Uping Down Flock

David and Carolyn first purchased two pedigree Shetland ewe lambs 8 years ago for the simple reason of wanting to manage a patch of grassland at their home in East Dorset on the edge of Cranborne Chase.  Having both worked as aeronautical engineers and business managers, their introduction to keeping sheep sprang from a conversation with a Shetland Sheep breeder at the Dorset County Show.  Their flock is now the first to achieve the new monitored status for MV and Johne’s Disease.

Settling on the Shetland breed because of the sheep’s small size, primitive instincts and impressive fleeces, the Gills’ flock has grown from the two lambs, keeping their patch of grassland under control, to currently just over one hundred sheep.  Having moved to West Dorset three years ago, the flock is now run on just over 20 acres of south-west facing chalk hillside where the sheep graze outdoors all year round.

The flock has been built up entirely from private purchases, with David and Carolyn making the decision to invest progressively in a number of distinct blood lines.  They now keep a closed flock, lambing in April, with the aim of growing their breeding flock steadily.  As one of the larger flocks of pedigree Shetlands on the UK mainland, the Gills are also active members of the Shetland Sheep Society and currently produce the monthly members’ newsletter.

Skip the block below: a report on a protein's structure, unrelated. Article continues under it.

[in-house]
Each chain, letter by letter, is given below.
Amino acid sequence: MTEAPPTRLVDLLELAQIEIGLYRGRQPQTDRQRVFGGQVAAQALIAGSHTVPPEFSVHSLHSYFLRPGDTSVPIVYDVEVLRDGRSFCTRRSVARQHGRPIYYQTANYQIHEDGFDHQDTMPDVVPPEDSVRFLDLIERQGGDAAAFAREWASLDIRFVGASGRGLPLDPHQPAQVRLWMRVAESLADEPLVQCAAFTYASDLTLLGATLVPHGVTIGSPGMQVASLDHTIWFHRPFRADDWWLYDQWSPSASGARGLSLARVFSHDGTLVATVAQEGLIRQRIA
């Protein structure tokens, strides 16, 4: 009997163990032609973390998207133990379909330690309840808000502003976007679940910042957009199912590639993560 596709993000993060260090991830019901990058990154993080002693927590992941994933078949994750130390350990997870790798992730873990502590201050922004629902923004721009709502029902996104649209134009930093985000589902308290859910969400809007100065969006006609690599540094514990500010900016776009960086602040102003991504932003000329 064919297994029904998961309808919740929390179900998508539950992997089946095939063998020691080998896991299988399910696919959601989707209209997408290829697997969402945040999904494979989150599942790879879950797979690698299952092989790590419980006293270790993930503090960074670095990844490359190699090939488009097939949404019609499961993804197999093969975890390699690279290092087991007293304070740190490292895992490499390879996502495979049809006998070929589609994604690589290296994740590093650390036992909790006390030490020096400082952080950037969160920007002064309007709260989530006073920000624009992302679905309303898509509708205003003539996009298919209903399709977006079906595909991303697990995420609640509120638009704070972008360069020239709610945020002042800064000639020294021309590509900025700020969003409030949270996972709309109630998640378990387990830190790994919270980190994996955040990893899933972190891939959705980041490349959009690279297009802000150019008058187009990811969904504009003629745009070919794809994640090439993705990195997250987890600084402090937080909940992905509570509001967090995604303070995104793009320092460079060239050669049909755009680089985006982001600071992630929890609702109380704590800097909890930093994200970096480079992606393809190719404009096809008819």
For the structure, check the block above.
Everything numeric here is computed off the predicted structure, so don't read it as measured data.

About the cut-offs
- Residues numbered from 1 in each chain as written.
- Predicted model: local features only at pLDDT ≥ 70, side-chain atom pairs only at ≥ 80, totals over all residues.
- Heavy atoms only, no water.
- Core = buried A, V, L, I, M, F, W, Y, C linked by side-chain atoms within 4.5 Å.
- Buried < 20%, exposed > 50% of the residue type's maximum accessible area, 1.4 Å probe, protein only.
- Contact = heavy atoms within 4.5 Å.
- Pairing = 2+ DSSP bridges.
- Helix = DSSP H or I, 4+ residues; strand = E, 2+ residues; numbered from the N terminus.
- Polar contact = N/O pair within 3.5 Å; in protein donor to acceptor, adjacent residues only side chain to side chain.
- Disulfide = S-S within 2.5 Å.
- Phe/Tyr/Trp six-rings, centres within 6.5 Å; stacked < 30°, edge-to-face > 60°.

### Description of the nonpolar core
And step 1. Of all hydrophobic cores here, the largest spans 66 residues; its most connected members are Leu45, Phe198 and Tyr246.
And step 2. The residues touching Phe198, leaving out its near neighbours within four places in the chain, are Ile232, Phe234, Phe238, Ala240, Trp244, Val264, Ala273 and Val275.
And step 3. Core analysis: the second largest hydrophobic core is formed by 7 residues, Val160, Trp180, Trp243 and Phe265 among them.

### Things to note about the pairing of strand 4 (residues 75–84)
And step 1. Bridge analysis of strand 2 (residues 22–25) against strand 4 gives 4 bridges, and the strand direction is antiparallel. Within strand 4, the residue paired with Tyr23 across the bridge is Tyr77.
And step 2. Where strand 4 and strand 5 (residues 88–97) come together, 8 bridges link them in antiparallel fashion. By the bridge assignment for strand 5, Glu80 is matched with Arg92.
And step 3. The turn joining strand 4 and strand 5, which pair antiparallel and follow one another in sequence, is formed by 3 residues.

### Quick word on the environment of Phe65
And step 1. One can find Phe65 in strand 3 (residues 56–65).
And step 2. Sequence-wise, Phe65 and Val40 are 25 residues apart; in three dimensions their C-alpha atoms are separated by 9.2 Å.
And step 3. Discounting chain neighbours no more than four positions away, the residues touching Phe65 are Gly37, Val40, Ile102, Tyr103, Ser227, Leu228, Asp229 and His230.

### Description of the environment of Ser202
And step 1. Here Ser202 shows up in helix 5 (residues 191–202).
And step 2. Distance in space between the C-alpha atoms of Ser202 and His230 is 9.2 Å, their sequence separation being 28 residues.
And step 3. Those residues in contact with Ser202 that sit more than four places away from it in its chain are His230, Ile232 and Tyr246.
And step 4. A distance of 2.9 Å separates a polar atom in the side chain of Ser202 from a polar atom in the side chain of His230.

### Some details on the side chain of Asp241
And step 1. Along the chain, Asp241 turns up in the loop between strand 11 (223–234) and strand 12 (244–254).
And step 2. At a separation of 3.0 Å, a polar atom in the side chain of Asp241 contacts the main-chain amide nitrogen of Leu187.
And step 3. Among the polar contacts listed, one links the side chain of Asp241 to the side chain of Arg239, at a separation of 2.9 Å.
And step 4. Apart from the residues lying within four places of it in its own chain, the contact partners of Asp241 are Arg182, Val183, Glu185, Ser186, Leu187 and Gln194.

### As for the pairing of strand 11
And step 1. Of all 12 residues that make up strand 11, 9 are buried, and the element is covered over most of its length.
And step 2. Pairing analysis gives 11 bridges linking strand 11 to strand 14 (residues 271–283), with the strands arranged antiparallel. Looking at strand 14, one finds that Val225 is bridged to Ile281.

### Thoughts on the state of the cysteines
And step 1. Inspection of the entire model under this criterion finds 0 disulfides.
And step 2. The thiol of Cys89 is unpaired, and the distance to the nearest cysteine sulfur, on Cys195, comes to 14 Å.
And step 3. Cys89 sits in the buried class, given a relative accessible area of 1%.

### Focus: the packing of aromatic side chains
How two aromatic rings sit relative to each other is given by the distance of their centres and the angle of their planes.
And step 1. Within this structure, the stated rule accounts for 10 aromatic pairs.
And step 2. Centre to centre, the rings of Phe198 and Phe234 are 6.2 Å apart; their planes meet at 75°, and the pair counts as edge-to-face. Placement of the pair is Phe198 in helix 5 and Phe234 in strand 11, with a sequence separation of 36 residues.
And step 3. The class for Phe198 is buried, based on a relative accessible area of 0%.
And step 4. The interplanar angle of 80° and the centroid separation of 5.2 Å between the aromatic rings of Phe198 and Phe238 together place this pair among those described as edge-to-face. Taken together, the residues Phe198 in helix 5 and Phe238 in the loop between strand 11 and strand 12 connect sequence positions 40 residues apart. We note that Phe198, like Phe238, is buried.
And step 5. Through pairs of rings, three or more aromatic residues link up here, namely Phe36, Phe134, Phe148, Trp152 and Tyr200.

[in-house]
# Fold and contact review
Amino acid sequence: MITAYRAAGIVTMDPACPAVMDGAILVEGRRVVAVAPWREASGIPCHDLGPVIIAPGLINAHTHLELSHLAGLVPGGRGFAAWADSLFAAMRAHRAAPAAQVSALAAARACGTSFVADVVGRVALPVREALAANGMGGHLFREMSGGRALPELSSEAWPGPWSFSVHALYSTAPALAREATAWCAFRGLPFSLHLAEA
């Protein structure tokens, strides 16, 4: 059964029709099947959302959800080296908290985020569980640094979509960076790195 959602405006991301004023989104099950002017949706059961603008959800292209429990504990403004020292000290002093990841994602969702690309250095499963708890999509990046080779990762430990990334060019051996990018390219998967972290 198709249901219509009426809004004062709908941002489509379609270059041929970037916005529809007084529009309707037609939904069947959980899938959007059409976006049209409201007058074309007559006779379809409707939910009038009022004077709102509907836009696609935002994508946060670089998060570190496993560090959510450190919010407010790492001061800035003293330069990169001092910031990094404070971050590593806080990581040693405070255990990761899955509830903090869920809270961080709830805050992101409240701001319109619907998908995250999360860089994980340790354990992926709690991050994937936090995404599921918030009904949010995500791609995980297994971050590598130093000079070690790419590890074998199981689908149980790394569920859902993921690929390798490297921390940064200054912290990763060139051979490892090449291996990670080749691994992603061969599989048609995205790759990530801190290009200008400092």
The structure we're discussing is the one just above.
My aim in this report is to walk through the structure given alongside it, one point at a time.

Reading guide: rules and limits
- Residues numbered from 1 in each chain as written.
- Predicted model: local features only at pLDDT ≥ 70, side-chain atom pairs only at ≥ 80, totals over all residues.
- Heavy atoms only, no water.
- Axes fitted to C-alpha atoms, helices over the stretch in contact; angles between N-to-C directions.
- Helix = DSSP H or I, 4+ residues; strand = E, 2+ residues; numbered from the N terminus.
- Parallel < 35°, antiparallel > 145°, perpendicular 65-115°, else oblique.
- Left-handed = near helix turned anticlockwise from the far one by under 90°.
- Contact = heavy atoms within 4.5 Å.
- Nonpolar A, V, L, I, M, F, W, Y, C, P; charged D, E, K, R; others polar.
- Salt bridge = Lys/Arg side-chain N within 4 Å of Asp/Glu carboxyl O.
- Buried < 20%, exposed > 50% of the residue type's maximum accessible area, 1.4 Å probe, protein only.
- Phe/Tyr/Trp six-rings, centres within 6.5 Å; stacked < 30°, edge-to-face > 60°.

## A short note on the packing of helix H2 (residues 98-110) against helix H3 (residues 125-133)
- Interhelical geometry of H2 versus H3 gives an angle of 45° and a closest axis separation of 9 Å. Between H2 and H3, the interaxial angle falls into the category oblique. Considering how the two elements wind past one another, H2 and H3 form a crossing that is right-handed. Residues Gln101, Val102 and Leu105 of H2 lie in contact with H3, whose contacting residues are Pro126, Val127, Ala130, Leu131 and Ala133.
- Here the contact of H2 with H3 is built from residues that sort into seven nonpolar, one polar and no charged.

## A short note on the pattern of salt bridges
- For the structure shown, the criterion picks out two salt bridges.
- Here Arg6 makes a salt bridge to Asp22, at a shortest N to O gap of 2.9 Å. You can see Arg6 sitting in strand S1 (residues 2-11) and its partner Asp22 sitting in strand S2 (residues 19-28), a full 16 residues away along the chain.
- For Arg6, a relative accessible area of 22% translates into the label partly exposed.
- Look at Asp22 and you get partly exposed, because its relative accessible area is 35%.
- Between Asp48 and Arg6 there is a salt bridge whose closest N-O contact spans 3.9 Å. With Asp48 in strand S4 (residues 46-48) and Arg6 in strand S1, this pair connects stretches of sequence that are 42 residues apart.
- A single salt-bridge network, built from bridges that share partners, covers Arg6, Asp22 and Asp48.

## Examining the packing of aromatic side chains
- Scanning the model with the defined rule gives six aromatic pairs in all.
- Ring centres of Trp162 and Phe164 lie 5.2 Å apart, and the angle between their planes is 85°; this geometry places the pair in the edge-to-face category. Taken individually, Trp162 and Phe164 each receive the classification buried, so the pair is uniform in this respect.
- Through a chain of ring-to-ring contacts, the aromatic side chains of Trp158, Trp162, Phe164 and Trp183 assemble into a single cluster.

David and Carolyn focus on producing high quality pedigree rams and specialise in breeding patterned ‘katmoget’ Shetlands that have badger markings on their faces and dark legs and bellies.  They show the best of their flock each year at agricultural shows, with significant success in recent years.  In 2019, a home-bred ram was the Reserve Show Champion at the RBST National Show at the Three Counties, Malvern, and in 2018 a pair of their rams were the Show Reserve Champion Pair at the Dorset County Show, coming a close runner-up to a pair of Texels.  David and Carolyn shear with hand blades, and as well as spinning and knitting the wool themselves, they also plan to handweave it and sell handwoven products straight from the farm.  Other ventures include selling Shetland hogget locally each summer and keeping a few colonies of honey bees. 

The Gills take great pride in the fact that the Uping Down flock is the first to achieve SRUC’s monitored status for MV and Johne’s Disease.  They are committed to maintaining their flock to best-practice health and welfare standards and want to have confidence that the sheep are not suffering from these iceberg diseases.  David commented: “Our aim is to maintain a sustainable, high-welfare flock that is free from disease. Since joining the scheme we feel reassured that MV and Johne’s are highly unlikely to be present in our flock and that we have a system in place to help us maintain this status.  We are also pleased to offer the Shetland Sheep breed some resilience in case of future national disease emergencies.”

While considering themselves to still be relative newcomers to farming, David and Carolyn have made great strides in future-proofing their business, and aim to continue to improve their flock management based on modern technologies and latest sheep health and welfare advice.  For more information on the Uping Down Flock visit

Posted by SRUC Veterinary Services on 03/03/2021

Tags: Sheep, PSGHS